GSA Annual Meeting in Denver, Colorado, USA - 2016

Paper No. 325-5
Presentation Time: 9:00 AM-6:30 PM


FITZPATRICK, Devan1, SHIEL, Alyssa E.1 and MCCUNE, Bruce2, (1)College of Earth, Ocean, and Atmospheric Sciences, 104 CEOAS Admin. Building, Oregon State University, Corvallis, OR 97331, (2)Botany and Plant Pathology, Oregon State University, 2082 Cordley Hall, Corvallis, OR 97331,

Epiphytic mosses and lichens have been utilized in numerous studies to reconstruct temporal and spatial heavy metal deposition patterns. However, the relationship between atmospheric metal deposition and moss and lichen tissue metal concentrations is not well understood. The development of accurate models to describe this relationship depends on understanding all parameters impacting accumulation of atmospheric deposition. Limited understanding of this relationship restricts the use of mosses and lichens as biomonitors. Accumulation of atmospheric deposition occurs within extra-cellular, intra-cellular and inter-cellular compartments. Each compartment concentration is dependent on input and output fluxes determined by ambient, physiological, and biological parameters. An improved understanding of the relationship between atmospheric deposition and metal accumulation in mosses and lichens will improve the viability of this tool in assessing atmospheric metal concentrations.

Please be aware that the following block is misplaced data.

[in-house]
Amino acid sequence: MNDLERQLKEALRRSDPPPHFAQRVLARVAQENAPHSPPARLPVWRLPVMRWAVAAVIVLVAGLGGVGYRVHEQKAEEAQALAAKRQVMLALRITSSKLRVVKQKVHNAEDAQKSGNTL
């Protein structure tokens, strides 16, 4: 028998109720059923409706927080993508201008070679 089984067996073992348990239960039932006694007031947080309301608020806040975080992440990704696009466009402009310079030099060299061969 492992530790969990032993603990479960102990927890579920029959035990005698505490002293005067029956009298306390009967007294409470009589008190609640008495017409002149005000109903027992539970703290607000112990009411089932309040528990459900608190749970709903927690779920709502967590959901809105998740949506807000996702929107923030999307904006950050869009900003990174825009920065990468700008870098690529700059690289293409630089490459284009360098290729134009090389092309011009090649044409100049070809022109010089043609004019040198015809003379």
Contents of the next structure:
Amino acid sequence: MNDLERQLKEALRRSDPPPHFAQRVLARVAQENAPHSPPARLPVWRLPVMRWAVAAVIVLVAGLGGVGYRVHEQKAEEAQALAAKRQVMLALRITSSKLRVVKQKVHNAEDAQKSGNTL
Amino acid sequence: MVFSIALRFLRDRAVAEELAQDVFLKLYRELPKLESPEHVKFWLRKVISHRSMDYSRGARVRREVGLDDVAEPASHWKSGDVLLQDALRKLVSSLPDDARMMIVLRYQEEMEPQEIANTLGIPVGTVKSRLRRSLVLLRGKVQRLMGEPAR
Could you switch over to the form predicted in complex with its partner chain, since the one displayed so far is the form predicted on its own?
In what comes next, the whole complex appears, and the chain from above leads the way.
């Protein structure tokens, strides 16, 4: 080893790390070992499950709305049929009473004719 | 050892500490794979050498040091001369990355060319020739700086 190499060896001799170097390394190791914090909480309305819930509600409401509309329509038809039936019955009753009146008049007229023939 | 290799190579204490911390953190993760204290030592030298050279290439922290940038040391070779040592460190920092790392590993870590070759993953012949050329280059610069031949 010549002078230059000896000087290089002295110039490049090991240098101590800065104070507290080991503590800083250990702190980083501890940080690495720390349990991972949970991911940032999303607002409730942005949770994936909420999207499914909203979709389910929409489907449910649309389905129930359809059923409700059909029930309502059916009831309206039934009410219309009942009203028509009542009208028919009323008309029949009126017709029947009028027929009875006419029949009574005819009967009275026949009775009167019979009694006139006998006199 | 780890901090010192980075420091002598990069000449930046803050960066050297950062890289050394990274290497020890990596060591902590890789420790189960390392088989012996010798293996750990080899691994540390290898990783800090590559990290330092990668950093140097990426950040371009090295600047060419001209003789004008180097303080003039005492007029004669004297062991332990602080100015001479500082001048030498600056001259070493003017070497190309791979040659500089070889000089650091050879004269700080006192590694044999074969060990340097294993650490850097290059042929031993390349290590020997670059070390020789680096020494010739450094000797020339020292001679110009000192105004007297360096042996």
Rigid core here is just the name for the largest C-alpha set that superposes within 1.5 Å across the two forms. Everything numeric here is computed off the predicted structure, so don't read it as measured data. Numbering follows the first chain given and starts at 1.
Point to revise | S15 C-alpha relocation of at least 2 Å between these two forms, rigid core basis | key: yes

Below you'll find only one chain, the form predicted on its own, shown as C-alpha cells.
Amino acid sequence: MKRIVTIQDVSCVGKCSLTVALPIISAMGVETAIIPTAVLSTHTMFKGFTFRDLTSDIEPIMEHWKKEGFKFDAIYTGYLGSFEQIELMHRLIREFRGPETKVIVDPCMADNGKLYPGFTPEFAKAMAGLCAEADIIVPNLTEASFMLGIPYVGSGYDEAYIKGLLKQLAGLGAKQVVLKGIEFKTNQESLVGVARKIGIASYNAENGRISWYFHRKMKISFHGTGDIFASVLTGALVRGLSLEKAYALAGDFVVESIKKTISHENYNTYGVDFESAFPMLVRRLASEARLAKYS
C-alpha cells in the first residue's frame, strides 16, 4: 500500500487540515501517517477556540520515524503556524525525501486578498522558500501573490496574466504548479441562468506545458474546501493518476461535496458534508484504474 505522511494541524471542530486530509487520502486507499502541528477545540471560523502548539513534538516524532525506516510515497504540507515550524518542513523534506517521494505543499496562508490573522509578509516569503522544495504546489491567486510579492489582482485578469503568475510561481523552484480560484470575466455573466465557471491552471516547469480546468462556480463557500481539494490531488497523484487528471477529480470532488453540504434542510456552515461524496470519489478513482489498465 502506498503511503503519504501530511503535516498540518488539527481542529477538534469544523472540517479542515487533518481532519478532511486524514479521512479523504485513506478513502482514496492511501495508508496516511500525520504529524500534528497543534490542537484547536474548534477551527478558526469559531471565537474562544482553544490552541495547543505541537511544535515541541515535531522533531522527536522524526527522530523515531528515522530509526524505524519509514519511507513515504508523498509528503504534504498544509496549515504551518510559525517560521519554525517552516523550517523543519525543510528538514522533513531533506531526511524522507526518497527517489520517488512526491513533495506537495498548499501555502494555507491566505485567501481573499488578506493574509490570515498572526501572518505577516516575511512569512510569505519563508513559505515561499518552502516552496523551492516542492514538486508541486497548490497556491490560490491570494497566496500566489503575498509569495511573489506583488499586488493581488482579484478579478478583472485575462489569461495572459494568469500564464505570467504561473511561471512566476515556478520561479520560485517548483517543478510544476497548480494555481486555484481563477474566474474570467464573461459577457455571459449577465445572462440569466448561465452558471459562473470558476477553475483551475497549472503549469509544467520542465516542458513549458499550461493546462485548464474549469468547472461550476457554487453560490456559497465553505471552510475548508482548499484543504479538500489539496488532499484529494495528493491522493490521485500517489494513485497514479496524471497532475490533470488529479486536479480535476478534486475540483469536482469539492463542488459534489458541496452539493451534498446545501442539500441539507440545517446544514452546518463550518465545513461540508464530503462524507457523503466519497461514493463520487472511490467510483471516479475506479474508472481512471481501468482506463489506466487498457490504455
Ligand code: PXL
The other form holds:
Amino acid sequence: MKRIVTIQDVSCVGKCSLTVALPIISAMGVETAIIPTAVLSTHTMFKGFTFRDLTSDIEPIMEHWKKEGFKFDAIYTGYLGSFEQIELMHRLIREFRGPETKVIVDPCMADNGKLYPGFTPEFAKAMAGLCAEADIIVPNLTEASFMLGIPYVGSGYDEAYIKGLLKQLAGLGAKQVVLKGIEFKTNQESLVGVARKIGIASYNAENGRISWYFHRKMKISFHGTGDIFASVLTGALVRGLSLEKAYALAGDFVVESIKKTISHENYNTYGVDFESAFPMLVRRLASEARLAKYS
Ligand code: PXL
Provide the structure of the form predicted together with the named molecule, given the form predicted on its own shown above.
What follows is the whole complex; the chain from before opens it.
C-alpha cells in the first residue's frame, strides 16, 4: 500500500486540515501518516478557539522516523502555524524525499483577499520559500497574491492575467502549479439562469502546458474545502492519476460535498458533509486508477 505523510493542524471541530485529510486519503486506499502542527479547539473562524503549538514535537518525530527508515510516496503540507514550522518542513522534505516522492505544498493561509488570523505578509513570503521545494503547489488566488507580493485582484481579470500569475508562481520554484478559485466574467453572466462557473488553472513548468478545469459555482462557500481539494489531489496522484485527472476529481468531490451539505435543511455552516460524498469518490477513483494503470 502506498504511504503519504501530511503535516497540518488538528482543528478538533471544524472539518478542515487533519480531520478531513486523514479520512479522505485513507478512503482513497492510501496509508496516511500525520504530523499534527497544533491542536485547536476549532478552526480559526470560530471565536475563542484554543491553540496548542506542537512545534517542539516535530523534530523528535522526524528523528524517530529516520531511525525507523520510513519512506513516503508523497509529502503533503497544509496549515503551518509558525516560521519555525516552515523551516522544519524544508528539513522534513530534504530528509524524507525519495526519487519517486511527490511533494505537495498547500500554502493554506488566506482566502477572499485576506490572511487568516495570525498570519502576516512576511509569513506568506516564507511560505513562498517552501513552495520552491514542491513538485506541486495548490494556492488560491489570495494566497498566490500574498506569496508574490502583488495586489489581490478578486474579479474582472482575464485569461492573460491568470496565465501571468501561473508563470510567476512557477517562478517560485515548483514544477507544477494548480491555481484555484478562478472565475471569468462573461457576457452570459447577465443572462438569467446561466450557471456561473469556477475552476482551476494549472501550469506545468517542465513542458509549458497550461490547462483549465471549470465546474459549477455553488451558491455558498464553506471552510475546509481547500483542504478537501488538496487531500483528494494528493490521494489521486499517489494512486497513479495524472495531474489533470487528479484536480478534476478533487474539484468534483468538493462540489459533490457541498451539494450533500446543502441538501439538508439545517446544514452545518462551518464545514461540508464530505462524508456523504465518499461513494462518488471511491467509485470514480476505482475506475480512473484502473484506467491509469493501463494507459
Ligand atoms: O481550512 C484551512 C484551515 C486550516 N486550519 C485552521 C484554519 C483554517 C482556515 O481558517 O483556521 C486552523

This study will develop a dynamic compartment model for ectohydric mosses that describes cycling of metals through moss tissue and develops accurate correlations between tissue concentrations and atmospheric metal deposition. Results will be reported for the first series of conceptualized experiments. This includes the evaluation of annual metal cellular compartment concentrations in moss from three sites selected to represent an urban environment, a site impacted by a point source, and a relatively natural site. Annual metal cellular compartment concentrations will be evaluated by sequential elution. Concentrations for moss collected from the site impacted by the point source will be compared to Oregon DEQ air monitor data. Correlations between annual compartmental tissue concentrations and atmospheric concentrations will be evaluated. Modeling external and internal fluxes will allow mosses to be used as accurate depictions of atmospheric metal deposition rates. Spatially-intensive monitoring using mosses can supplement existing direct monitoring networks. Tissue concentrations could be used to create fine-scale pollution concentration maps, ultimately, facilitating the identification of metal hotspots and emission sources.